• Marketing Committee (2010 to 2012) - Comprised of all marketing/public relations leaders in the Network, this Committee provided oversight to implement the IHN’s Marketing and Advocacy strategic priorities. Outcomes of the Committee’s work include the creation and dissemination of health care navigation resources, collaboration with local media outlets, and the development of “P.U.L.S.E,” an educational tool that represents the continuum of care including primary, urgent, lifestyle services (preventative), specialty, and emergency care. These efforts lead to the St. Louis American Foundation selecting the IHN as the “Advocacy Organization of the Year 2012.”
• Transitions of Care (TOC) Collaborative (2013 to present) - Formerly the CRC Task Force, this group consisting of hospitals, community health centers, and other stakeholders created a unified goal to promote and sustain high-quality, efficient patient transitions between hospitals (inpatient or emergency room) and the outpatient setting (primary care or urgently needed specialty care) through improved communication and coordination across health care organizations and with patients. The Collaborative established regional standards of care for TOC efforts and provides ongoing oversight, evaluation, and improvement of both the CRC Program and transitions of care across the region. The overall goal of this group is to join the silos of current TOC initiatives across the region. The CRC program transitioned from a grant-based program to a contracted sustainable service under the guidance of this Collaborative in 2014. Focusing on process improvement from both the systemic and programmatic perspectives, this group spearheaded changes being piloted within a partner hospital’s electronic medical record (EMR) system to allow CRC staff to change the Primary Care Provider name as needed and provided web access to charts for the Community Health Centers. In 2014, the Collaborative aims to further improve both transitions of care and EMR meaningful use metrics by working with area hospitals to exchange CCD/CCR (continuity of care document/record) data via direct electronic transmission through a health information exchange.
• Regional Health Information Technology Projects (2008 to present) – The IHN recognizes the need for coordinated electronic health information across IHN member organizations. In its most recent efforts, the IHN, Missouri Primary Care Association, and a technology vendor are working together to build and expand data elements ranging from insurance information to clinical indicators warehoused by the Missouri Primary Care Association. This data repository has been valuable for quality, processing improvement and reporting initiatives that benefit the patients receiving care within the St. Louis region’s safety-net.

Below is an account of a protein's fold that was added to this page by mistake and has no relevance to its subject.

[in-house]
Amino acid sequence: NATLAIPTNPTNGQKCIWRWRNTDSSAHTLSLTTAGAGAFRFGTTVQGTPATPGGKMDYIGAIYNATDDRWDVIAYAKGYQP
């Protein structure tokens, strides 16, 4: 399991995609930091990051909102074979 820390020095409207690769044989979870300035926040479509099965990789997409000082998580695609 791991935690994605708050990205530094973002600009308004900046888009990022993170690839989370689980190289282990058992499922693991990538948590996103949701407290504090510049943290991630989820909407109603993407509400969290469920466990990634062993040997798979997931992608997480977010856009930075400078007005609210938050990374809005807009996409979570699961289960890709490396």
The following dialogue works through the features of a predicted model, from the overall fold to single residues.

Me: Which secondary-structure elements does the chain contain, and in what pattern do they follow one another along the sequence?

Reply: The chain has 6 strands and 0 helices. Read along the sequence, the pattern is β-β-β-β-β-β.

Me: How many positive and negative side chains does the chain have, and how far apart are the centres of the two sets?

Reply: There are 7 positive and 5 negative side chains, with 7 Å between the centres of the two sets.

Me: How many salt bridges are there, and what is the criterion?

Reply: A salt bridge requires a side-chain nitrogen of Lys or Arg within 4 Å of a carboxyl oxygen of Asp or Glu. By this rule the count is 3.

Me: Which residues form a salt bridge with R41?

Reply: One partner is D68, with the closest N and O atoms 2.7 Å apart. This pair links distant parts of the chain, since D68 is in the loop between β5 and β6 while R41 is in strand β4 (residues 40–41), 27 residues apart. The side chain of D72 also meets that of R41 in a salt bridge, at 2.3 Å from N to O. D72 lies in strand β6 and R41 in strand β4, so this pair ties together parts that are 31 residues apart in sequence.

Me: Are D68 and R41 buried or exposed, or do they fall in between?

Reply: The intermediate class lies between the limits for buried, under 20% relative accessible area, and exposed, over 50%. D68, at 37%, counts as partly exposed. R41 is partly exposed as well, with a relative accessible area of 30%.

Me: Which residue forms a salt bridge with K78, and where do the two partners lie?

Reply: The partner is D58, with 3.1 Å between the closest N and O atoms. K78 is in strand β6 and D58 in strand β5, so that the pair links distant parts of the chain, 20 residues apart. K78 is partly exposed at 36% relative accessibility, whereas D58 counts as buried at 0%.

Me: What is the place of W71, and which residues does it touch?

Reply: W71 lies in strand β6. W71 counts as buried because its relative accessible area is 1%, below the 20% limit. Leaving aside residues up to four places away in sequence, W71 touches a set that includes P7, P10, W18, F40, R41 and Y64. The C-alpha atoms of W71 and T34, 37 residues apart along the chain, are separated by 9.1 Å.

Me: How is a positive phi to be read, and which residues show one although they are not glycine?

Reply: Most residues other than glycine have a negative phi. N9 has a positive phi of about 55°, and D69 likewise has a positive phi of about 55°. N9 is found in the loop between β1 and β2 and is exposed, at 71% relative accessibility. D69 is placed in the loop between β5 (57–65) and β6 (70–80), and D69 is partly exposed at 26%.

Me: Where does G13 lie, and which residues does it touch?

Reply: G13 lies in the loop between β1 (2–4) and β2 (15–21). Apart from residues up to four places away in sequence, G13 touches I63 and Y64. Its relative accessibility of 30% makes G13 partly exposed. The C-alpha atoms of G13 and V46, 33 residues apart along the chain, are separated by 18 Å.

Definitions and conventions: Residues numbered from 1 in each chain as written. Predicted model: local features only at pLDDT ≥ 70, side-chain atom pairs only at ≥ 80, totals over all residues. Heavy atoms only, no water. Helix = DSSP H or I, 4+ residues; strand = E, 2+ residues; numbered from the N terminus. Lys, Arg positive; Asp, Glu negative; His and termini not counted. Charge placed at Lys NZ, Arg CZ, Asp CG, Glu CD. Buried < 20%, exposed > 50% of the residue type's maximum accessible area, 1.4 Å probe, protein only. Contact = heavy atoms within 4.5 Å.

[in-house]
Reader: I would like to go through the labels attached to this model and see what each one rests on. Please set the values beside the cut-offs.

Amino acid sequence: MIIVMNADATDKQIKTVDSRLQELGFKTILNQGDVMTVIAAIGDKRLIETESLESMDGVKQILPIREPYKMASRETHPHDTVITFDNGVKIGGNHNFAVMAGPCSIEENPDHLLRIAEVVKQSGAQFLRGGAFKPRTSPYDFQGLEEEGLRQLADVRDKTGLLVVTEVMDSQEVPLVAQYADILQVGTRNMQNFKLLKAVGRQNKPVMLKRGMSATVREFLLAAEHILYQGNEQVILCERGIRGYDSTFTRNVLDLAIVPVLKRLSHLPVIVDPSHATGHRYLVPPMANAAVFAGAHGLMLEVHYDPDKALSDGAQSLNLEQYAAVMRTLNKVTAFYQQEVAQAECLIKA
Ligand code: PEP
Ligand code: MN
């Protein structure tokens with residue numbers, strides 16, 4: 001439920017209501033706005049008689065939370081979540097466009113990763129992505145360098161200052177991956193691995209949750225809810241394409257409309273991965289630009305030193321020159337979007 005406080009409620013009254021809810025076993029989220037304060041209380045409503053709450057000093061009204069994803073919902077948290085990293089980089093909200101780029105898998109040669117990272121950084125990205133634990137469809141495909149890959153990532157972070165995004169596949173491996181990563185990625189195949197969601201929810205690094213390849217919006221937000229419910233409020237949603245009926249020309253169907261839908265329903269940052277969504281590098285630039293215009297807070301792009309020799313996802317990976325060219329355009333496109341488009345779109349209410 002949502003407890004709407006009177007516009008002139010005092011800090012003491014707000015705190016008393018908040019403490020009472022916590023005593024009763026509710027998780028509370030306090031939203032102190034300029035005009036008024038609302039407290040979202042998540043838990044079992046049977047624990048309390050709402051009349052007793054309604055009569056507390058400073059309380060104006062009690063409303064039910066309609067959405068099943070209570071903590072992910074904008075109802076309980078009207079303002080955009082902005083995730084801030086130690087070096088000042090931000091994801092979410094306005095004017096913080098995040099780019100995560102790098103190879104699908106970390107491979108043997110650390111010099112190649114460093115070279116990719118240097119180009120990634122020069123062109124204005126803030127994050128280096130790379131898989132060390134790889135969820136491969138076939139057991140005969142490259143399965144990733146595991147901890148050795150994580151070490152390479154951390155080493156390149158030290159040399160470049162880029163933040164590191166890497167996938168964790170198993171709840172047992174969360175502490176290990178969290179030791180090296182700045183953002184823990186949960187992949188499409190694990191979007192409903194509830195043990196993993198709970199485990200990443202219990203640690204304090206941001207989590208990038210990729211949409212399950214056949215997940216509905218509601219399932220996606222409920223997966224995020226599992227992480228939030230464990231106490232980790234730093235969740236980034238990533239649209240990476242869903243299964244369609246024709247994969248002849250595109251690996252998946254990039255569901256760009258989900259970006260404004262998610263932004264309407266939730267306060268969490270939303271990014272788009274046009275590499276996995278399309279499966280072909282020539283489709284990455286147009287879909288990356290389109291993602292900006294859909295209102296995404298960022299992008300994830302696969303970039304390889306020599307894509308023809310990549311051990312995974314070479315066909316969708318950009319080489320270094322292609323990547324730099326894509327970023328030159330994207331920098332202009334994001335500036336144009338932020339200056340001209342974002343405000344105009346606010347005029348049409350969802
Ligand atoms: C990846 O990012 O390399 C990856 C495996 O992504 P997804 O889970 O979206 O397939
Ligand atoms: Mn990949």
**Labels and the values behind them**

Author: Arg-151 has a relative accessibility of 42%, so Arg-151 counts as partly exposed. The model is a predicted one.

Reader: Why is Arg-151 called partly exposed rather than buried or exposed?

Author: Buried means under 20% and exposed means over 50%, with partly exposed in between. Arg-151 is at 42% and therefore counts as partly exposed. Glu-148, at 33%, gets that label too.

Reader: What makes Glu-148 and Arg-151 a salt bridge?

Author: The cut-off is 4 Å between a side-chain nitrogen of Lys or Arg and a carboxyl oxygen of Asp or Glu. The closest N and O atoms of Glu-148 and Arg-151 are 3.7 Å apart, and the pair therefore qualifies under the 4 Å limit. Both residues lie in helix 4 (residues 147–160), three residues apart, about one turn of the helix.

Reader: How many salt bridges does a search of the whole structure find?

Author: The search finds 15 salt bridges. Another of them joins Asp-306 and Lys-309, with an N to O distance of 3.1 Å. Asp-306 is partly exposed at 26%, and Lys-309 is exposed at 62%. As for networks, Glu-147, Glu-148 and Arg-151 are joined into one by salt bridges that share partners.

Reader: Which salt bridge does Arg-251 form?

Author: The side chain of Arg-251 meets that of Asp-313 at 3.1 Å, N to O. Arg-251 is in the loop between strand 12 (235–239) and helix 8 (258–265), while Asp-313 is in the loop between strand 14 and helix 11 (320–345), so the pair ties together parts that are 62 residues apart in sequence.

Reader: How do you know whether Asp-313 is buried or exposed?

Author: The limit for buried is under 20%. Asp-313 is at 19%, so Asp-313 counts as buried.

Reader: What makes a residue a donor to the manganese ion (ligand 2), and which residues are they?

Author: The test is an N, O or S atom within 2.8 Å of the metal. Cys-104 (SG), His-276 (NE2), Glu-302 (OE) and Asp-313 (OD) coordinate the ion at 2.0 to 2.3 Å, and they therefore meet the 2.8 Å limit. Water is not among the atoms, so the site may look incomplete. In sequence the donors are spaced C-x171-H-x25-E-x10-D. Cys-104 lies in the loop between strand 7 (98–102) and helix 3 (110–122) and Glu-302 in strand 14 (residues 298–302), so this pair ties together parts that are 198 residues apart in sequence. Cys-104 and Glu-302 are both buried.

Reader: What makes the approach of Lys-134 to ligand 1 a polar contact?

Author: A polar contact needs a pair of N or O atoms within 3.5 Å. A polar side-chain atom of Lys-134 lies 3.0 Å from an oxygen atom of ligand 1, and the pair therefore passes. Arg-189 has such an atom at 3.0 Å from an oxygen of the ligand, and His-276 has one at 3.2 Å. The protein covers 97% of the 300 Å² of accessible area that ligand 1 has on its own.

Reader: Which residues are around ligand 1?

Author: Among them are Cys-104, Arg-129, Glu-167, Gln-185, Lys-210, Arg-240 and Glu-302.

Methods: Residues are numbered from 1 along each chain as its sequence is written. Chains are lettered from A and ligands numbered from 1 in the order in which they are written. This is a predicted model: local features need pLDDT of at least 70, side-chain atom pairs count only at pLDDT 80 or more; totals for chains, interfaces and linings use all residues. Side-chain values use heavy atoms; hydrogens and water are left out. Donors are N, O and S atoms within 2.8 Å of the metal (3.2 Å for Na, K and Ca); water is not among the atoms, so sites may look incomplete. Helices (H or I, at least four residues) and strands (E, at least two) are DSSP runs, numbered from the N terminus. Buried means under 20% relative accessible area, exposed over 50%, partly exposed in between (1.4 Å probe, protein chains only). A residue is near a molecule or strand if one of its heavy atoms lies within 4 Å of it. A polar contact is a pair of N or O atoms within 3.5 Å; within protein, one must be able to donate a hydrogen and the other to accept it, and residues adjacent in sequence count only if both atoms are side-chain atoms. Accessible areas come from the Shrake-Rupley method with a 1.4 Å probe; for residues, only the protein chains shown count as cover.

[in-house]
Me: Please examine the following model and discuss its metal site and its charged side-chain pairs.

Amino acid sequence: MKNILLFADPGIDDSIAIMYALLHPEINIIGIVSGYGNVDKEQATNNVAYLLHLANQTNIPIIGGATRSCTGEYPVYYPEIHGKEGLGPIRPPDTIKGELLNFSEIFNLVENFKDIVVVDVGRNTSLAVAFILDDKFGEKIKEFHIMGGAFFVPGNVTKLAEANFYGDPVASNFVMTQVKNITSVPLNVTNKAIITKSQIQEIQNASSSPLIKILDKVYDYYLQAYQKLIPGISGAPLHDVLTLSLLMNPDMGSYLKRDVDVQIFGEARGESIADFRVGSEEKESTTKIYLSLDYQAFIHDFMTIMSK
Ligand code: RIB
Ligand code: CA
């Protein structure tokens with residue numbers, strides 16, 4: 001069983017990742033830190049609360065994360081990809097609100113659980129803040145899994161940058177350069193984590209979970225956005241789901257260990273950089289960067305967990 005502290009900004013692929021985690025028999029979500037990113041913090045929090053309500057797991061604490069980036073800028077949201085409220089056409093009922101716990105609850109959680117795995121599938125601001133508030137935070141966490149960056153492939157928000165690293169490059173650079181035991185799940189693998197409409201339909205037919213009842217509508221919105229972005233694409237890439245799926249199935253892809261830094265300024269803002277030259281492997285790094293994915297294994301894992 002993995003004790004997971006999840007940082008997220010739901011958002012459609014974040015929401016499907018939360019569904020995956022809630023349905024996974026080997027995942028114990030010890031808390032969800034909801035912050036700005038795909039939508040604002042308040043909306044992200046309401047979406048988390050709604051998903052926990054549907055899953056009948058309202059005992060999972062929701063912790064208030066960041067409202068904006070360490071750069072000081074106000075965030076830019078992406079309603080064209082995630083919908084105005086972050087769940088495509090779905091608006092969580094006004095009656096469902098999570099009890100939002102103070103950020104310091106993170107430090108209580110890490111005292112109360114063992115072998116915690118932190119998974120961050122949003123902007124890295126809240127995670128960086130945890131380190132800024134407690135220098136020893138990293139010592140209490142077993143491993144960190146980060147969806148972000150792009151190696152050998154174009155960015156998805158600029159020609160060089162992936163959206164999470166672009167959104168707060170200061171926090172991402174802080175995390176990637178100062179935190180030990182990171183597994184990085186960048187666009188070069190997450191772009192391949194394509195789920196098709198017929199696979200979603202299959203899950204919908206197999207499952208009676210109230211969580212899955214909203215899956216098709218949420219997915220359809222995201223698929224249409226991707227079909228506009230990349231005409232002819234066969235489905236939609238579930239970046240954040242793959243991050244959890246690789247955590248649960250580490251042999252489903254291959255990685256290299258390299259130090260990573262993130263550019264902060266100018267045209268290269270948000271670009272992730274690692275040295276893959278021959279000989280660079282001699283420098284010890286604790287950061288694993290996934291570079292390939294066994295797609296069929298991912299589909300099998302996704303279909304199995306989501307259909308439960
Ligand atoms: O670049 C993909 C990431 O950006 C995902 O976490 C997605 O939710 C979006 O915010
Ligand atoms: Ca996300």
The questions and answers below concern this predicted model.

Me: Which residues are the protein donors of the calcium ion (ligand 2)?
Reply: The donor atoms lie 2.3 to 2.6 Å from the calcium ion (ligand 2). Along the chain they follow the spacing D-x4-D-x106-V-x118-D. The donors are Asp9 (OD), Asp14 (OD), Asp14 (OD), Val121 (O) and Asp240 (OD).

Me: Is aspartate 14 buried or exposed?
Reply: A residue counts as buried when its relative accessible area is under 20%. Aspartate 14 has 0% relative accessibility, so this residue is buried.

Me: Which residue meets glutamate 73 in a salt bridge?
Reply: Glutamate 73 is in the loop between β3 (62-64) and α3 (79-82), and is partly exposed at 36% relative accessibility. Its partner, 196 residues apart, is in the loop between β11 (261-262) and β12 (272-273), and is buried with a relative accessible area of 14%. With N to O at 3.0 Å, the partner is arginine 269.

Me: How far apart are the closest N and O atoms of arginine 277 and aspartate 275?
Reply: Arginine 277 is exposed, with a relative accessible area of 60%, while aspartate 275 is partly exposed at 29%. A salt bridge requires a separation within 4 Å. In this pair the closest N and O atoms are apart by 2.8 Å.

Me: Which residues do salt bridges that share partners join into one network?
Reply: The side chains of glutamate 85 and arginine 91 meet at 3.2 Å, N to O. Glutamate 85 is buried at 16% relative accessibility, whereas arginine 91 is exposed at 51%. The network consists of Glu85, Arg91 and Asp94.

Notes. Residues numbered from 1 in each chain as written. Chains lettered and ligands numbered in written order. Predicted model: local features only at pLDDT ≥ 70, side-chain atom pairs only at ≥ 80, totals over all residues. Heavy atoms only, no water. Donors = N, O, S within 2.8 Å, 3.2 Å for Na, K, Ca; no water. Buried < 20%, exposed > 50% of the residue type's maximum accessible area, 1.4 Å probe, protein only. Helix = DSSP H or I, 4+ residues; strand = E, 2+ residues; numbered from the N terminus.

• Pediatric Referral Task Force (2012 to 2013) - Formed in conjunction with the expansion of the CRC program to pediatric hospitals in 2011, this Task Force, representing both hospital and health center clinicians, was charged to provide oversight to the successful implementation of the CRC program into pediatric facilities and to make recommendations to improve care coordination efforts for the pediatric population. This group prioritized the transition of children who were at risk for or diagnosed with asthma as a target population, developing key protocols and procedures for assuring quick and informed access to the treatment, management, and tools this population needed. The Task Force also assisted with the development of pediatric-focused informational and marketing material to aid parents and children in understanding the importance of primary care.
• Network Branding and Health Education Committee (2014) - An extension of the original Marketing Committee, this Committee is charged with developing innovative strategies to advance the collective brand of quality affordable healthcare provided through the IHN. The Committee is also responsible for promoting increased health insurance literacy, as community members begin to purchase coverage through the Health Insurance Marketplace.